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The History of Ravenwood Hall  

Shrouded in Mystery

No -one, not even expert researchers can be sure exactly who built Ravenwood Hall, formally known as the Rookery... But there are clues… It is believed to have been built around 1530 during the reign of Henry V111 for a woman of some local importance.

How do we know that?

 Well, architectural historians have deduced that the shape of the satire; a small diagonal cross that appears in the wood carvings on the exterior of the hall and above the fireplace in the dining room, signifies that it was built for a woman. The level of the craftsmanship also indicates the family would have been extremely wealthy. Perhaps it was built as a dower house for a matriarch figure…

But who was she?

 She may have been Elizabeth Drury, the widow of John Drury who lived in Rougham Manor, the ruins of which still lie a mile to the East. John, who was born in 1499, was the fifth generation Drury to succeed at Rougham and was married twice. The Manor house was destroyed and rebuilt before eventually being bombed to destruction during World War II - but that's another story!

If not for the Drurys this fine Tudor house may have been built for another prominent local family. There is a couple that feature in the subsidy return of 1524 when Henry VIII levied an unpopular tax on the population. Experts believe it was unlikely to have been built for a prosperous farmer because of the level of rich ornament. It may have been a businessman who had bought or leased the site from either John Drury or the Abbey of St Edmundsbury, who owned the manor house before it was confiscated by Henry in 1539.

Speculation continues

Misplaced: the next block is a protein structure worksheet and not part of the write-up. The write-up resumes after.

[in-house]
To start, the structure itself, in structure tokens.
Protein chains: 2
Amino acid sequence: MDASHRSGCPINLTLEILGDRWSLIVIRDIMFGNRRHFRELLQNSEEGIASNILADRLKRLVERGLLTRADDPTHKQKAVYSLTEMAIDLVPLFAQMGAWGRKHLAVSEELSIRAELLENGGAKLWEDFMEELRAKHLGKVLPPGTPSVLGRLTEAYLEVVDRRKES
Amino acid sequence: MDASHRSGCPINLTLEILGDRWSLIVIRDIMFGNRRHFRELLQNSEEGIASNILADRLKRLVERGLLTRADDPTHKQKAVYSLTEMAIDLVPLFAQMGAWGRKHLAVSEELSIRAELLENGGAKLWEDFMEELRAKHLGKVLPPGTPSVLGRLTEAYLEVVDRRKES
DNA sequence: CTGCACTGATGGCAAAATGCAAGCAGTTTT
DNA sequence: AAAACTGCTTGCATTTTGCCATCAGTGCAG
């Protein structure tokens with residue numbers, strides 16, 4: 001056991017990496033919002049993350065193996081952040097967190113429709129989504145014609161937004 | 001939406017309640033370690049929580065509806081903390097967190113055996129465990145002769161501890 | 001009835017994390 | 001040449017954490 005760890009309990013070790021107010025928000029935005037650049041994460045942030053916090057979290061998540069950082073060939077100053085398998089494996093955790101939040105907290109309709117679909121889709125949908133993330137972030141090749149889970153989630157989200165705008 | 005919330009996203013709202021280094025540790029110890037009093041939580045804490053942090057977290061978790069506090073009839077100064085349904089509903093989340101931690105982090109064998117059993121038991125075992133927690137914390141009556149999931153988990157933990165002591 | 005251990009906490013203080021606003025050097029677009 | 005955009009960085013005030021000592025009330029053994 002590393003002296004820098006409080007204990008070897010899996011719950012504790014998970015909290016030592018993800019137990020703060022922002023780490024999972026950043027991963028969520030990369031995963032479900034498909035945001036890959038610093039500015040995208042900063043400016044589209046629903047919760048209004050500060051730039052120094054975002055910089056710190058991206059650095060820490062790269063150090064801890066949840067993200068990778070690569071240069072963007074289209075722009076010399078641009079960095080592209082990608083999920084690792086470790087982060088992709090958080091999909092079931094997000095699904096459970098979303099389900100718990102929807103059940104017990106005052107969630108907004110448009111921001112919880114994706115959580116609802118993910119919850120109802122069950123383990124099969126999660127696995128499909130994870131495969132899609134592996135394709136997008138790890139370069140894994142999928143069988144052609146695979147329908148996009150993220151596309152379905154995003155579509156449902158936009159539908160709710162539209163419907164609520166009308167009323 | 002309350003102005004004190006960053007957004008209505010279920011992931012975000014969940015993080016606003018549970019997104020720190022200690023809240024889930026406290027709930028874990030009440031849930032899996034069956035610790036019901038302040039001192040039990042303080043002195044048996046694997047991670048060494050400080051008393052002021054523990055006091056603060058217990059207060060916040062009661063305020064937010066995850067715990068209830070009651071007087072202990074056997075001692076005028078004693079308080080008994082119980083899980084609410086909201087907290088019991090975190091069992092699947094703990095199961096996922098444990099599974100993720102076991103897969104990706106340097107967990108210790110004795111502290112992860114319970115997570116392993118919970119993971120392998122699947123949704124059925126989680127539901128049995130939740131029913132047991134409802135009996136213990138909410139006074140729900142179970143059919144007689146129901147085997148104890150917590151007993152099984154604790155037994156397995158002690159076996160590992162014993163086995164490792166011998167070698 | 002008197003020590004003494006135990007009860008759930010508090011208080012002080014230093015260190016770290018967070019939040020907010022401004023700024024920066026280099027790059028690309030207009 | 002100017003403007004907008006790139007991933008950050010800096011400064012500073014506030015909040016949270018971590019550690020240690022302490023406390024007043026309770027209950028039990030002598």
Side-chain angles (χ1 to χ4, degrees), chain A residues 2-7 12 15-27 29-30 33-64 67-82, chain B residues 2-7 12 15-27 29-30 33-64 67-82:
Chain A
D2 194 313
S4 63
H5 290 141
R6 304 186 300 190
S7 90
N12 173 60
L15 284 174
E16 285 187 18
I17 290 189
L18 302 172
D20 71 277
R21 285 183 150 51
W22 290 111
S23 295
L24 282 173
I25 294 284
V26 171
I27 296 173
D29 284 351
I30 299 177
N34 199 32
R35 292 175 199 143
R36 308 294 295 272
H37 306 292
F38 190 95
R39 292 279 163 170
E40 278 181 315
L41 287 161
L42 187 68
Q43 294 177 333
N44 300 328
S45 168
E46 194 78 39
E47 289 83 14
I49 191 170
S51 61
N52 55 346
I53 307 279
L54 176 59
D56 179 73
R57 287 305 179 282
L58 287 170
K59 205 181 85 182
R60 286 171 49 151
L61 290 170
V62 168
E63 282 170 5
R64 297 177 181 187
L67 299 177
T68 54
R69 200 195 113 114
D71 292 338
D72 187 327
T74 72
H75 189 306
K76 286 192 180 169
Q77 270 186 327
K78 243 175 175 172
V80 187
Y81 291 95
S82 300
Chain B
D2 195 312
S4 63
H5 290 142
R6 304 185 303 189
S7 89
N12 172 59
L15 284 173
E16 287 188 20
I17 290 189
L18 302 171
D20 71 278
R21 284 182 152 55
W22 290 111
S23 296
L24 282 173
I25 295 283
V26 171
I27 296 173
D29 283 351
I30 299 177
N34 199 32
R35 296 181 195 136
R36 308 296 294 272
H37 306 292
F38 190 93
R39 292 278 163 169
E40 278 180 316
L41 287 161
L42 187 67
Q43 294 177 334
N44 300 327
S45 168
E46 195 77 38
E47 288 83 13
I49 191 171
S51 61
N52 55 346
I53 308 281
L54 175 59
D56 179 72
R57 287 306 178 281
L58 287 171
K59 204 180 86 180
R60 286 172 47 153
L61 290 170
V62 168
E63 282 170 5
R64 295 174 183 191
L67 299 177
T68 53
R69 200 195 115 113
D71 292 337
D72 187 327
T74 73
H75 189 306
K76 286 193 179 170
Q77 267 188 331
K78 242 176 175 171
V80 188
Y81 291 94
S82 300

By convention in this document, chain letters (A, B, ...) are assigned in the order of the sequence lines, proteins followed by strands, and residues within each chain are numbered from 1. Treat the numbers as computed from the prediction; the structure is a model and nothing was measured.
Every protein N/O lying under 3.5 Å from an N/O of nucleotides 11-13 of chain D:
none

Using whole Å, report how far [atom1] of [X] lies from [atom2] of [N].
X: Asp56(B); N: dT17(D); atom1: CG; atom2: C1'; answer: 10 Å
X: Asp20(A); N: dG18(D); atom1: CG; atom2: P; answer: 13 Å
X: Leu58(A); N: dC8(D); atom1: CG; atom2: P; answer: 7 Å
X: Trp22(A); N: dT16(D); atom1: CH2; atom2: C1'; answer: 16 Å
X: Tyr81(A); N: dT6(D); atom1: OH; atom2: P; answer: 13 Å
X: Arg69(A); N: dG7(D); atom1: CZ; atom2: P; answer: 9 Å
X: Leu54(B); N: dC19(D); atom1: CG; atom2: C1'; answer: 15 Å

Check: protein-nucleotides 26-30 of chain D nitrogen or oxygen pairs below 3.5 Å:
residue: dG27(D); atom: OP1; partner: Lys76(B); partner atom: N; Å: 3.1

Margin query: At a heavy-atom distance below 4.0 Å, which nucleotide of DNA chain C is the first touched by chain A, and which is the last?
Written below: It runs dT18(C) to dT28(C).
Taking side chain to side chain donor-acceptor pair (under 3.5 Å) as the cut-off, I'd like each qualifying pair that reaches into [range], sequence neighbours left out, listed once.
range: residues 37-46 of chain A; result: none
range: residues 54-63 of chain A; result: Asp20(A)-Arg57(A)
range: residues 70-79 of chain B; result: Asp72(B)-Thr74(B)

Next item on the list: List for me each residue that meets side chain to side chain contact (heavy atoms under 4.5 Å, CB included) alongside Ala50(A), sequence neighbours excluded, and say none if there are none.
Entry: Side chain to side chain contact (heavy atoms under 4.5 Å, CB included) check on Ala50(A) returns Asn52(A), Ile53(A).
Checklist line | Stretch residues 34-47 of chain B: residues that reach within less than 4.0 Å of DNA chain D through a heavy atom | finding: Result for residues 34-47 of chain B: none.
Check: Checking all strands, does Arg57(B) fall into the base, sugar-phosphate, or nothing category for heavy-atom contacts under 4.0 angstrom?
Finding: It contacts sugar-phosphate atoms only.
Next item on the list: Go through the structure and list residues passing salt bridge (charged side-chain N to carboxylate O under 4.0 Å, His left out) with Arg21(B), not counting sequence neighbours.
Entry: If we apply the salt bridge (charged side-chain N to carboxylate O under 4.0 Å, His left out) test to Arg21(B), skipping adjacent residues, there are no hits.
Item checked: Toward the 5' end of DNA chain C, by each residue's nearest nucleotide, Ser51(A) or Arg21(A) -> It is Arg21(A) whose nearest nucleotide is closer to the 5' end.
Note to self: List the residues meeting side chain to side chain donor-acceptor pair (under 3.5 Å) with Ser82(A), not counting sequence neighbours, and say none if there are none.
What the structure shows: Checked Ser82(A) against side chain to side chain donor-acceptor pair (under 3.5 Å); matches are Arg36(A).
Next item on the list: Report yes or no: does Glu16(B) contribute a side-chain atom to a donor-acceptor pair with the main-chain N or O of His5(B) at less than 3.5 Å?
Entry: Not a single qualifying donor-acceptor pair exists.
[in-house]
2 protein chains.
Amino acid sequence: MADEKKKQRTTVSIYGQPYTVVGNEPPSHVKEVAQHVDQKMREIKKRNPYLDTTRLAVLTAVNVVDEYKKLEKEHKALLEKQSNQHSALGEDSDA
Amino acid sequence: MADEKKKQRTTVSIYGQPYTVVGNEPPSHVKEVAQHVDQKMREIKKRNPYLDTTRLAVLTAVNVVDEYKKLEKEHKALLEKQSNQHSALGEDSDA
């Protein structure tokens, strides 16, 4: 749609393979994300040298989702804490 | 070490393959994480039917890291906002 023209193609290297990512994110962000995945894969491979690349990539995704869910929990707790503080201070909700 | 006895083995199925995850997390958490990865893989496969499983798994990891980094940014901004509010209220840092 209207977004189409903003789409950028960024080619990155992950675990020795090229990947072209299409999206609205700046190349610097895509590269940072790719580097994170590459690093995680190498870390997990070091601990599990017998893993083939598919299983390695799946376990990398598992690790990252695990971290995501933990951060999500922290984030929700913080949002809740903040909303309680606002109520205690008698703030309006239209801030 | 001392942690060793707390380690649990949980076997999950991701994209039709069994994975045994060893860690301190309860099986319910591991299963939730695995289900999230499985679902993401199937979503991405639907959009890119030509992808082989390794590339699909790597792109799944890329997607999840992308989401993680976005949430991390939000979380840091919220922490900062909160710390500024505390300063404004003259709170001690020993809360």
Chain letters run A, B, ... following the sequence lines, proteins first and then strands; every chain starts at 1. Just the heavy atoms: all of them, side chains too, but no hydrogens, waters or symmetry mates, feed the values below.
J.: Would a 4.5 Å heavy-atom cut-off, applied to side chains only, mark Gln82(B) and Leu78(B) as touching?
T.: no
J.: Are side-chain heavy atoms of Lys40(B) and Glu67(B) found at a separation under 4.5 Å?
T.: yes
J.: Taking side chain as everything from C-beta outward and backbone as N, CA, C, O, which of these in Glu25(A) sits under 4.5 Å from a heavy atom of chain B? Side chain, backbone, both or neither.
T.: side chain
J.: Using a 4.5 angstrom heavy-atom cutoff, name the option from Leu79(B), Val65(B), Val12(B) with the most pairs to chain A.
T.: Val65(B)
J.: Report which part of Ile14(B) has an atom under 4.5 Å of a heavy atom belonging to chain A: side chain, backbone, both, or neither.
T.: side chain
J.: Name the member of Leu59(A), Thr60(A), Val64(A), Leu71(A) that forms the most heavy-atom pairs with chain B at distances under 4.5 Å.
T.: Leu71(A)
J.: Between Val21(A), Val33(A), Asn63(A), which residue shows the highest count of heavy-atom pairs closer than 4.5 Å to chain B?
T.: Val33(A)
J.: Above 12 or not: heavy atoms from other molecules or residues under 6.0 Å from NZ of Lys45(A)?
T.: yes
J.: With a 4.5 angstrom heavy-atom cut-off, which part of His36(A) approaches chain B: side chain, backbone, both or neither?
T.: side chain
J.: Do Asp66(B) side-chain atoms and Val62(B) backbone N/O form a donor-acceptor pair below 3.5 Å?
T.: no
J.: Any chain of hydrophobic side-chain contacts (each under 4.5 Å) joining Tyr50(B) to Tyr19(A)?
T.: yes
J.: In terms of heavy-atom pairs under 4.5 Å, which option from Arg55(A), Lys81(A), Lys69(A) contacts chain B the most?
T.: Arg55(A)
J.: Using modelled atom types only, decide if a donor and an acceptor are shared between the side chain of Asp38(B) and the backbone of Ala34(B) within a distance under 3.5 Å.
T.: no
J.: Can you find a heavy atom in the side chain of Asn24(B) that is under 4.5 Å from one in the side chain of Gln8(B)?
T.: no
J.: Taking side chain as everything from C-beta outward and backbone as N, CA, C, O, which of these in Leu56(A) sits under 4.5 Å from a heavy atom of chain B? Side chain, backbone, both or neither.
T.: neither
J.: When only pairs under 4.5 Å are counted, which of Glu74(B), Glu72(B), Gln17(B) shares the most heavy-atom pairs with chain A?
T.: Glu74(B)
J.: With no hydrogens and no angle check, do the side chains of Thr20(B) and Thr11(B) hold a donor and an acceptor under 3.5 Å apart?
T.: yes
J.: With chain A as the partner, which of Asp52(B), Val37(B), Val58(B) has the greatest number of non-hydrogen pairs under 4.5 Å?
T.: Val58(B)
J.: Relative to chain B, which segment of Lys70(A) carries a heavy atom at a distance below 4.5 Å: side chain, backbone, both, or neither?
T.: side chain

Over the following centuries the house was intrinsically linked to Rougham Manor, sadly many relating records had been destroyed with the house. However, legal documents show that the house was part of the Rougham estate until only a few decades ago.

By 1844 the house had eventually became known as the Rookery, with a certain Robert Bevan listed as living there. The Bevan family married into the Gurney and Lee families of East Anglia who made up the emergent bank known today as Barclays. Until only a few years ago chairman of Barclays was Timothy Bevan, in the census of 1851 Bevan was recorded as living at the Rookery.

But in 1853 the owner of the manor Philip Bennet died and the estate passed to Captain Philip Bennet. By 1866 the third Philip Bennet took up residence at Rougham Manor until 1875 when it passed to E. J. Johnstone who was responsible for donating the organ to the village church in 1900. The Rookery itself passed on a short ten-year lease from the Bennet family to a Spencer Brinton formerly of Park Lane in Middlesex.

The 20th Century

More recent history sees the house used for the convalescence of injured soldiers from the front in the Great War. Photographs taken at the time are seen hanging in the bar and lounge. These were found by pure accident when a local estate agent bought an old camera and found the film to be still intact inside. On having the pictures developed he recognised the exterior as Ravenwood Hall Hotel.

By the 1920’s the estate and the Rookery had been bought by the Agnew family whose descendents still live in Rougham. In fact Lady Agnew lives just through the woods and her two sons are very active in cultural village life.

The house was then bought from the Agnews by Col and Mrs Peter Dean who lived here and raised their daughters for 20 years.

They finally sold it to Craig Jarvis in 1986 who then converted it to a hotel and restaurant. Mrs Dean live in the nearby village of Tostock and visit the hotel regularly for family parties and special occasions. In fact one of the bedrooms is named after them.